Extending fire survival time for critical equipment
30 September 2013
Following a number of headline incidents, such as the fires on offshore oil platforms in the Gulf of Mexico, there is growing demand for even higher levels of safety in these types of process operations. As a result, many oil, gas and petrochemical companies are now seeking means of further improving their emergency management systems and plant infrastructure, including the use of fire-resistant enclosures.
Fire-resistant enclosures in a petrochemical environment
One area of safety that is receiving particular attention is the protection of critical safety equipment against high temperature hydrocarbon fires. The longer that valves and actuators in emergency shutdown and fire suppression systems remain operational in the event of a fire, the greater the likelihood of averting disaster. However, the ferocity of hydrocarbon pool or jet fires – the latter resulting from the continuous escape of pressurised flammable media – poses major design challenges. These types of fires are characterised by very rapid rises in temperature, typically reaching 1,100°C within the first five minutes.
Passive fire protection offers the simplest and most inherently reliable means of guarding against premature equipment failure due to fire. Various forms of close-fitting passive protection such as flexible fire-resistant bags and blankets, and intumescent coatings, have been on the market for years, but can have disadvantages when used with field equipment in hostile environments. Tailored fittings, in particular, can be susceptible to weather damage; over time they can absorb moisture and sag, making them difficult to reseal properly after maintenance of the valve or actuator. Thick film intumescent coatings for resistance against hydrocarbon fires generally need to be applied to equipment at the factory. These types of coatings can hinder access for maintenance and corrosion monitoring, and can require periodic repainting to prevent them becoming hygroscopic when exposed to weather.
Rigid passive fire protection cabinets are designed to overcome these disadvantages by providing a maintenance-free solution that can be retrofitted to existing process equipment in the field and which does not restrict service access. However, the choice of construction materials is key. Some manufacturers use metal for the outer walls of the enclosures, which can corrode due to the presence of salt or other aggressive chemicals in the atmosphere. Furthermore, the weight of such enclosures can preclude direct mounting on process pipes, making installation more difficult by demanding use of load-bearing support brackets.
There are no specific international standards for this application area, so process plant safety designers tend to refer to the ANSI/UL 1709 standard which contains a rapid rise temperature/time curve for hydrocarbon fires. The problem with this approach is that the standard is intended for the protection of structural steel, which can withstand temperatures as high as 550°C without losing its integrity. Valves, actuators and electronics are another matter entirely – they often have a maximum operating temperature of 60°C.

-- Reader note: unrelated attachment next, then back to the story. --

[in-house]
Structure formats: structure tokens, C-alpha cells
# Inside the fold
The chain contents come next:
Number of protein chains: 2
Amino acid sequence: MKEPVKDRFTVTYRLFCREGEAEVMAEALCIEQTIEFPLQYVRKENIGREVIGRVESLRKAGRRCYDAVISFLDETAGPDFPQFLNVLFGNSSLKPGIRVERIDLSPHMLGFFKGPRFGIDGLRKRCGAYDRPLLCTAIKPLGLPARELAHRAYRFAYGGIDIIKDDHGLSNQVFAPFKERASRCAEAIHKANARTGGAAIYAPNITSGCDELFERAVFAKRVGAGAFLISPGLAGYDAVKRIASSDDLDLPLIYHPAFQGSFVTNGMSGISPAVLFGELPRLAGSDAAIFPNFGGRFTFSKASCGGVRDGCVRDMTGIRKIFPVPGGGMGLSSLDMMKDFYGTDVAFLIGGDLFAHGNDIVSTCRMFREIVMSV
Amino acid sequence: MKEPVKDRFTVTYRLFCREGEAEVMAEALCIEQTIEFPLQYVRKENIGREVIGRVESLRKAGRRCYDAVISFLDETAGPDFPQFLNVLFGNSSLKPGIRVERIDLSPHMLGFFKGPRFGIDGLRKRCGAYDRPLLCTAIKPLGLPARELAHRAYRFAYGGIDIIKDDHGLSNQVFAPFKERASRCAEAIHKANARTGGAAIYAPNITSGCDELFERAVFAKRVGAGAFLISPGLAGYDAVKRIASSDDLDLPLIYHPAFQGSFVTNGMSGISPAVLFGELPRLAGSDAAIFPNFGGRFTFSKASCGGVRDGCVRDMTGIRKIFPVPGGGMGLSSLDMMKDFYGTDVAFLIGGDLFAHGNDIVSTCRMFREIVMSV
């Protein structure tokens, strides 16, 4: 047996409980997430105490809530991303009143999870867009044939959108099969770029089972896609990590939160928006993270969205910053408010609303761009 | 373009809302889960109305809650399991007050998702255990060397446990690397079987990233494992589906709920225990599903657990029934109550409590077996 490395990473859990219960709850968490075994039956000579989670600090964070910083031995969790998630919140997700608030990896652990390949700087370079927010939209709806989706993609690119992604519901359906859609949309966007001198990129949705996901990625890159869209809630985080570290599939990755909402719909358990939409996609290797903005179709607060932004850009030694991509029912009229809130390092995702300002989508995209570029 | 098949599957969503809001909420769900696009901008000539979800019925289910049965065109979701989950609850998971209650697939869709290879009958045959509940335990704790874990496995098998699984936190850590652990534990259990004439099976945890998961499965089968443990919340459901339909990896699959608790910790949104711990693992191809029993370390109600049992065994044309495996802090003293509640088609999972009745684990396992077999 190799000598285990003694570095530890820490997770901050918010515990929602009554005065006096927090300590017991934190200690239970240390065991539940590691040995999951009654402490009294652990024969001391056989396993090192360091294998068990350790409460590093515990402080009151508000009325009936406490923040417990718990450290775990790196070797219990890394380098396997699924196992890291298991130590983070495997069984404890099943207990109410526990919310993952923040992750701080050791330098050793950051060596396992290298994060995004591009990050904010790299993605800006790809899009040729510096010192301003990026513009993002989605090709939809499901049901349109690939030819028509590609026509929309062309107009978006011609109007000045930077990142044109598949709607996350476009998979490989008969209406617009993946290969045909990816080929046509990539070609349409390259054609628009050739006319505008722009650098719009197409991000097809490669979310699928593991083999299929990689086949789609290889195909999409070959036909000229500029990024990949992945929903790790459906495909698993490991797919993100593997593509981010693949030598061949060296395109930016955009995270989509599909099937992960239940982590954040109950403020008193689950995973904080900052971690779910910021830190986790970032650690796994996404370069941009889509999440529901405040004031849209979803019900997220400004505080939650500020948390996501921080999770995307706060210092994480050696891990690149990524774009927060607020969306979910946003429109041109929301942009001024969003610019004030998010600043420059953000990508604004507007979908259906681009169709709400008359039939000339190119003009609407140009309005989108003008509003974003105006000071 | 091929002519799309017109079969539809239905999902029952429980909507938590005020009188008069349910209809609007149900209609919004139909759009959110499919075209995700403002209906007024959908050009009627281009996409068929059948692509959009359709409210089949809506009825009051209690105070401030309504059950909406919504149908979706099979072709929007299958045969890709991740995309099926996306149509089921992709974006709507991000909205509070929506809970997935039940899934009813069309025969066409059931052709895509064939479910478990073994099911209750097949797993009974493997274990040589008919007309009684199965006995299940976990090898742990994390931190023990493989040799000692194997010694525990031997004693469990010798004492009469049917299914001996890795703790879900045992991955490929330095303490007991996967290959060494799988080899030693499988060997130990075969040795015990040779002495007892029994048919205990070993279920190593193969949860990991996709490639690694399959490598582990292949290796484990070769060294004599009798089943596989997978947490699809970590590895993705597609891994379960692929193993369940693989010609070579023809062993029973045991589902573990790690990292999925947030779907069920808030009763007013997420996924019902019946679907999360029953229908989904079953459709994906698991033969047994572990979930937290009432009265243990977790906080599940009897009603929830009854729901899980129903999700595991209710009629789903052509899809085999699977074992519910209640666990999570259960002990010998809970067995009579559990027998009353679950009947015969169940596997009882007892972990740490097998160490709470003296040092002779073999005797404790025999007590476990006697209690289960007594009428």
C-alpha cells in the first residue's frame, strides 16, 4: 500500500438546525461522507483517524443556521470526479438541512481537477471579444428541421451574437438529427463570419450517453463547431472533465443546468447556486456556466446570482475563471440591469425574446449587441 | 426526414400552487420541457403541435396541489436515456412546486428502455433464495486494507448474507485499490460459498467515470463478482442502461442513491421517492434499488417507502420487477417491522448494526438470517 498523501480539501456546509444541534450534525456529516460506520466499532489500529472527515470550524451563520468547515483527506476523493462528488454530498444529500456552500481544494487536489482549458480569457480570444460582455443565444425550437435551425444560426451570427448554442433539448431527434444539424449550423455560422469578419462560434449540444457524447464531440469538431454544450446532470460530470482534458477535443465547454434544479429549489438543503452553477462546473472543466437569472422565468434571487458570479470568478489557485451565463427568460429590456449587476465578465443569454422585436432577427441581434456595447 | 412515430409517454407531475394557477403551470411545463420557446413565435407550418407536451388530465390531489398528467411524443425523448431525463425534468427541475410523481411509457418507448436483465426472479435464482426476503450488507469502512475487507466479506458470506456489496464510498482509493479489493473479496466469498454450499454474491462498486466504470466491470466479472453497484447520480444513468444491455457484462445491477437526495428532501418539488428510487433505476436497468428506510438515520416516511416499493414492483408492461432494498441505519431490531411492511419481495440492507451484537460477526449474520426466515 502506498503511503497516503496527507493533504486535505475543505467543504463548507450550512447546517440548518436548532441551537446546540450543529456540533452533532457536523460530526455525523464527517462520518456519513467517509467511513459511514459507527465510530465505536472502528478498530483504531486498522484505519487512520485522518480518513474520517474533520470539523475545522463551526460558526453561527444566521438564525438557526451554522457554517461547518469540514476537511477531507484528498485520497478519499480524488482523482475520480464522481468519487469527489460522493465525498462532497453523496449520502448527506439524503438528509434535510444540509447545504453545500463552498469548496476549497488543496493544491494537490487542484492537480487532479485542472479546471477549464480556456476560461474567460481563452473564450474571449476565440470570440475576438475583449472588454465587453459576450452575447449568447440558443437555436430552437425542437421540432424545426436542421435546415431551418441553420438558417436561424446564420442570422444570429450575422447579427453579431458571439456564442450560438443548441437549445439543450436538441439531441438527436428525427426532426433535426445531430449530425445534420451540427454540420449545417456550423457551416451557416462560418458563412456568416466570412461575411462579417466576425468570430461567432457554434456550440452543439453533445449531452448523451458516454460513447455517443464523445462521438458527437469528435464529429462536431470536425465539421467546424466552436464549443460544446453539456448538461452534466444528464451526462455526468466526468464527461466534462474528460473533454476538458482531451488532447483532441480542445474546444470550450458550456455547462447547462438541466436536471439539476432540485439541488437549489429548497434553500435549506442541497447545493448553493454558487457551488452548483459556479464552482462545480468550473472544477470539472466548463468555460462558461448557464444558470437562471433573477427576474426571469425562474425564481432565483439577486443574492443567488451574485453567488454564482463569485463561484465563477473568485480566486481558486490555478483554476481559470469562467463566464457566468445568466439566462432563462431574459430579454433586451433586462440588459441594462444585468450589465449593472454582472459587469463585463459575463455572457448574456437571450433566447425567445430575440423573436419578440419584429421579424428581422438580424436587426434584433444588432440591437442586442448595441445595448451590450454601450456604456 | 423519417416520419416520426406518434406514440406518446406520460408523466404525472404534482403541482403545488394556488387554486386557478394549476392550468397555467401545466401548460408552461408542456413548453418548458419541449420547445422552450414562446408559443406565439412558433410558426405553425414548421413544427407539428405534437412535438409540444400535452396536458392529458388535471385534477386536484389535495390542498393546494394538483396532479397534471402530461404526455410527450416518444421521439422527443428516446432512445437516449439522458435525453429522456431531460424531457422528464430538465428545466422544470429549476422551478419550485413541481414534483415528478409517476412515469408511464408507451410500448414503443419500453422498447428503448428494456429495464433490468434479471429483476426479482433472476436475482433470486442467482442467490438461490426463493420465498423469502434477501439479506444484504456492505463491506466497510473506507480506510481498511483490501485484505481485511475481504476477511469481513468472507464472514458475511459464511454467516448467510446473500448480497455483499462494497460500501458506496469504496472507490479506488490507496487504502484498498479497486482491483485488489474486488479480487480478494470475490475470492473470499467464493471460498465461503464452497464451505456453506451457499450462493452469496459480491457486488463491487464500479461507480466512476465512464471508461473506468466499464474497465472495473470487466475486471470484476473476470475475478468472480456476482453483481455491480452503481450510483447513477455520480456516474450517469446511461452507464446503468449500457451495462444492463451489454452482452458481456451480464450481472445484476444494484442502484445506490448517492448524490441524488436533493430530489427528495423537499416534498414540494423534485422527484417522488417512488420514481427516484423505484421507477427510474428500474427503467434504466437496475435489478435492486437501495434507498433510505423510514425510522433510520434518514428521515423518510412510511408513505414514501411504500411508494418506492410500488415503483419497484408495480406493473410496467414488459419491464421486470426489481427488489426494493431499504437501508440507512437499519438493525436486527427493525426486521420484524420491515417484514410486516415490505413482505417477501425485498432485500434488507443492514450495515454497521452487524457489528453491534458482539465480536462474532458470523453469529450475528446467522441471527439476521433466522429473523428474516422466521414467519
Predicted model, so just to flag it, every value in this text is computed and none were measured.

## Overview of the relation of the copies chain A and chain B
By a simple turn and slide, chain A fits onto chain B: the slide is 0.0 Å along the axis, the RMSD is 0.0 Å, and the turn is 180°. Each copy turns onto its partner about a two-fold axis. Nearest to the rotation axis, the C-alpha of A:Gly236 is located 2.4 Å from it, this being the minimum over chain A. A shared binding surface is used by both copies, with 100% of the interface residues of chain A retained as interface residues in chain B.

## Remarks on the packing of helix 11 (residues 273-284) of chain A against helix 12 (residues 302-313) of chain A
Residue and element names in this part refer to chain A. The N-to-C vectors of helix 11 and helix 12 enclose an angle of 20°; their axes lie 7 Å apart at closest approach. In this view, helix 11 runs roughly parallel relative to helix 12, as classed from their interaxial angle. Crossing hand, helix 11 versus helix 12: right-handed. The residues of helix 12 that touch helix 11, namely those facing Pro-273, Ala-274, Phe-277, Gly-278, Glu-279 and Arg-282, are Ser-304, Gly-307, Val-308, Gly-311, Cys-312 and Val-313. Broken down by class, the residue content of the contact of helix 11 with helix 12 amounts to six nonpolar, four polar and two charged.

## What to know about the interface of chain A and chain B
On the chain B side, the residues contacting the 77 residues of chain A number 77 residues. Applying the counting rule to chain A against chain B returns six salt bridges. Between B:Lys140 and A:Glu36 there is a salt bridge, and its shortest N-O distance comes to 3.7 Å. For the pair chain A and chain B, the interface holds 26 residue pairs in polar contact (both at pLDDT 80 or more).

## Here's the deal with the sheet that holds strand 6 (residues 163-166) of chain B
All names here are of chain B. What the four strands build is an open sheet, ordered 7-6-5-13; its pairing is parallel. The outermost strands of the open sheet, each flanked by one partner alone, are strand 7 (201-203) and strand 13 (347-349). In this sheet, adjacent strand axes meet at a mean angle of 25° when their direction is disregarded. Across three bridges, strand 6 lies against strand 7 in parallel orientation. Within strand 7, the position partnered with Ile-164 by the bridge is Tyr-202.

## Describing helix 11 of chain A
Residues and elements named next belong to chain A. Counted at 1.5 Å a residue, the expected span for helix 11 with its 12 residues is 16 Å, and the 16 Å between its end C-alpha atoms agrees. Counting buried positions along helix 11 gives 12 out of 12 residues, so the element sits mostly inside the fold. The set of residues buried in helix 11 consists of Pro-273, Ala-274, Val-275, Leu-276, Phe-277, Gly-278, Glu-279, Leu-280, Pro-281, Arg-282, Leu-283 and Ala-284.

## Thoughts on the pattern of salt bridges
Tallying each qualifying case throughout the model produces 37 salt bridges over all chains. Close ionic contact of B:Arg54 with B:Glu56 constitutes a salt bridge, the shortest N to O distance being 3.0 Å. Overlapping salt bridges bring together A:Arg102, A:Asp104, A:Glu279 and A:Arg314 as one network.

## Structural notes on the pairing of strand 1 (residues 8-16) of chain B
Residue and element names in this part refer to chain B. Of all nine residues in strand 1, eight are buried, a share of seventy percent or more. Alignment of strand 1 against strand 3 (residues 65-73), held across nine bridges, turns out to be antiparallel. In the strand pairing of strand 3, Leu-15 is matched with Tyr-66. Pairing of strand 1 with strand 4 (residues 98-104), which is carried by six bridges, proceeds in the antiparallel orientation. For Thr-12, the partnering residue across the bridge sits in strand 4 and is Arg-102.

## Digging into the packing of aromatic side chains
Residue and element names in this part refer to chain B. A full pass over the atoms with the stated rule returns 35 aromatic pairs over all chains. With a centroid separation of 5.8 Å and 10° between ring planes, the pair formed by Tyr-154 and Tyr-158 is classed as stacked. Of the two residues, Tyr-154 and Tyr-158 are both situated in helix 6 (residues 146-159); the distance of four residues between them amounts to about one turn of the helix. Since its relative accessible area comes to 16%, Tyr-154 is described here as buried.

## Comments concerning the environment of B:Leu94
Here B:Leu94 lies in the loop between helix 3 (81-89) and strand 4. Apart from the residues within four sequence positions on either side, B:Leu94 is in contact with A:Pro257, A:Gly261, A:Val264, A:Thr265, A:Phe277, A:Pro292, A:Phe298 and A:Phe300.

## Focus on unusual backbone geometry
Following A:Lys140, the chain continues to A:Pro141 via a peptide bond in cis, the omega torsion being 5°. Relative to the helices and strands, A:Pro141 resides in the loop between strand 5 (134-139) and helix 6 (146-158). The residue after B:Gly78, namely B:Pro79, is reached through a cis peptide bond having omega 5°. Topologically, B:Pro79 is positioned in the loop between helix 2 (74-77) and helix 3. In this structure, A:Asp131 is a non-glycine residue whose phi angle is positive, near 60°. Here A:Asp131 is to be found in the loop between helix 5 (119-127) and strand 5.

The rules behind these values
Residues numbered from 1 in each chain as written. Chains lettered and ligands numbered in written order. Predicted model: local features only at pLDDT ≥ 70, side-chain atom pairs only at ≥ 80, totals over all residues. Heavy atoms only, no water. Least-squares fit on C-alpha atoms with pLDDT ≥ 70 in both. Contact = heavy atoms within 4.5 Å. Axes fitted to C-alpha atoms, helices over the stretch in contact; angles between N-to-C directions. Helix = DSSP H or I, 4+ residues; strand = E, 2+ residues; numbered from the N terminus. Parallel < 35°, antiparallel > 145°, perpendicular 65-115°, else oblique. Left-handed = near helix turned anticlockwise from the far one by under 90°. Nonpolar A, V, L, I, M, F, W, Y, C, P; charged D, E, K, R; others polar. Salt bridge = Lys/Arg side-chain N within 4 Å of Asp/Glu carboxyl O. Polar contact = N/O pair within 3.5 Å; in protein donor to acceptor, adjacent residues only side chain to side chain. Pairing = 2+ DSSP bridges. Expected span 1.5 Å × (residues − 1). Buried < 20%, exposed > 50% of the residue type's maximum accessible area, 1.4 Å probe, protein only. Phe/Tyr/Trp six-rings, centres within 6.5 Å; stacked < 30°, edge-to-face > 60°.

One solution is for manufacturers of fire protection shelters to define the test procedures and conditions for their own products. This is the approach adopted by enclosure specialist Intertec, which produces two types of fire shelter. Its regular fire shelter is designed to withstand ‘normal’ fires with a standard temperature/time curve, such as that defined in the ISO 834 fire resistance tests for buildings intended for residential or business purposes, and is available with protection times of 30, 60, 90 or 120 minutes. A second 1709 fire shelter is tested against the rapid rise temperature/time curve for hydrocarbon fires used in the UL 1709 standard. The design has been verified by an independent agency, which found that the surface temperature of a sample electrical actuator inside the shelter remained below 55°C throughout a 90 minute simulated hydrocarbon fire.
These GRP shelters retain integrity after 90 minutes in a hydrocarbon fire
This level of protection is believed to be unique for passive fire shelters and is achieved through a patented combination of materials and construction techniques, including multiple close-fitting composite walls that incorporate mineral wool and other fire resistant insulators, together with thermal seals and a special fire retardant mineral coating. The entire structure is designed for graceful degradation to ensure that it maintains its mechanical integrity and thermal insulation properties for as long as possible in the event of a fire.
Although a number of rigid fire shelters on the market use metal for the ‘skin’ of their insulating walls, glass reinforced polyester (GRP) can be a better alternative. GRP has an excellent strength/weight ratio – it is almost as strong as stainless steel, but four times lighter – and is highly resistant to weathering and the corrosive effect of salt and other aggressive chemicals, as well as being immune to most common types of petrochemicals. It also has a much higher thermal resistance than metal, which makes it easy to avoid condensation, and is an electrical insulator.
Passive fire shelters constructed from GRP-based composites are inherently low in weight and extremely rigid. They can be mounted directly around a valve or actuator and supported by the process pipework – with no need for disconnection during installation – and can incorporate easy-access panels for routine maintenance and inspection.
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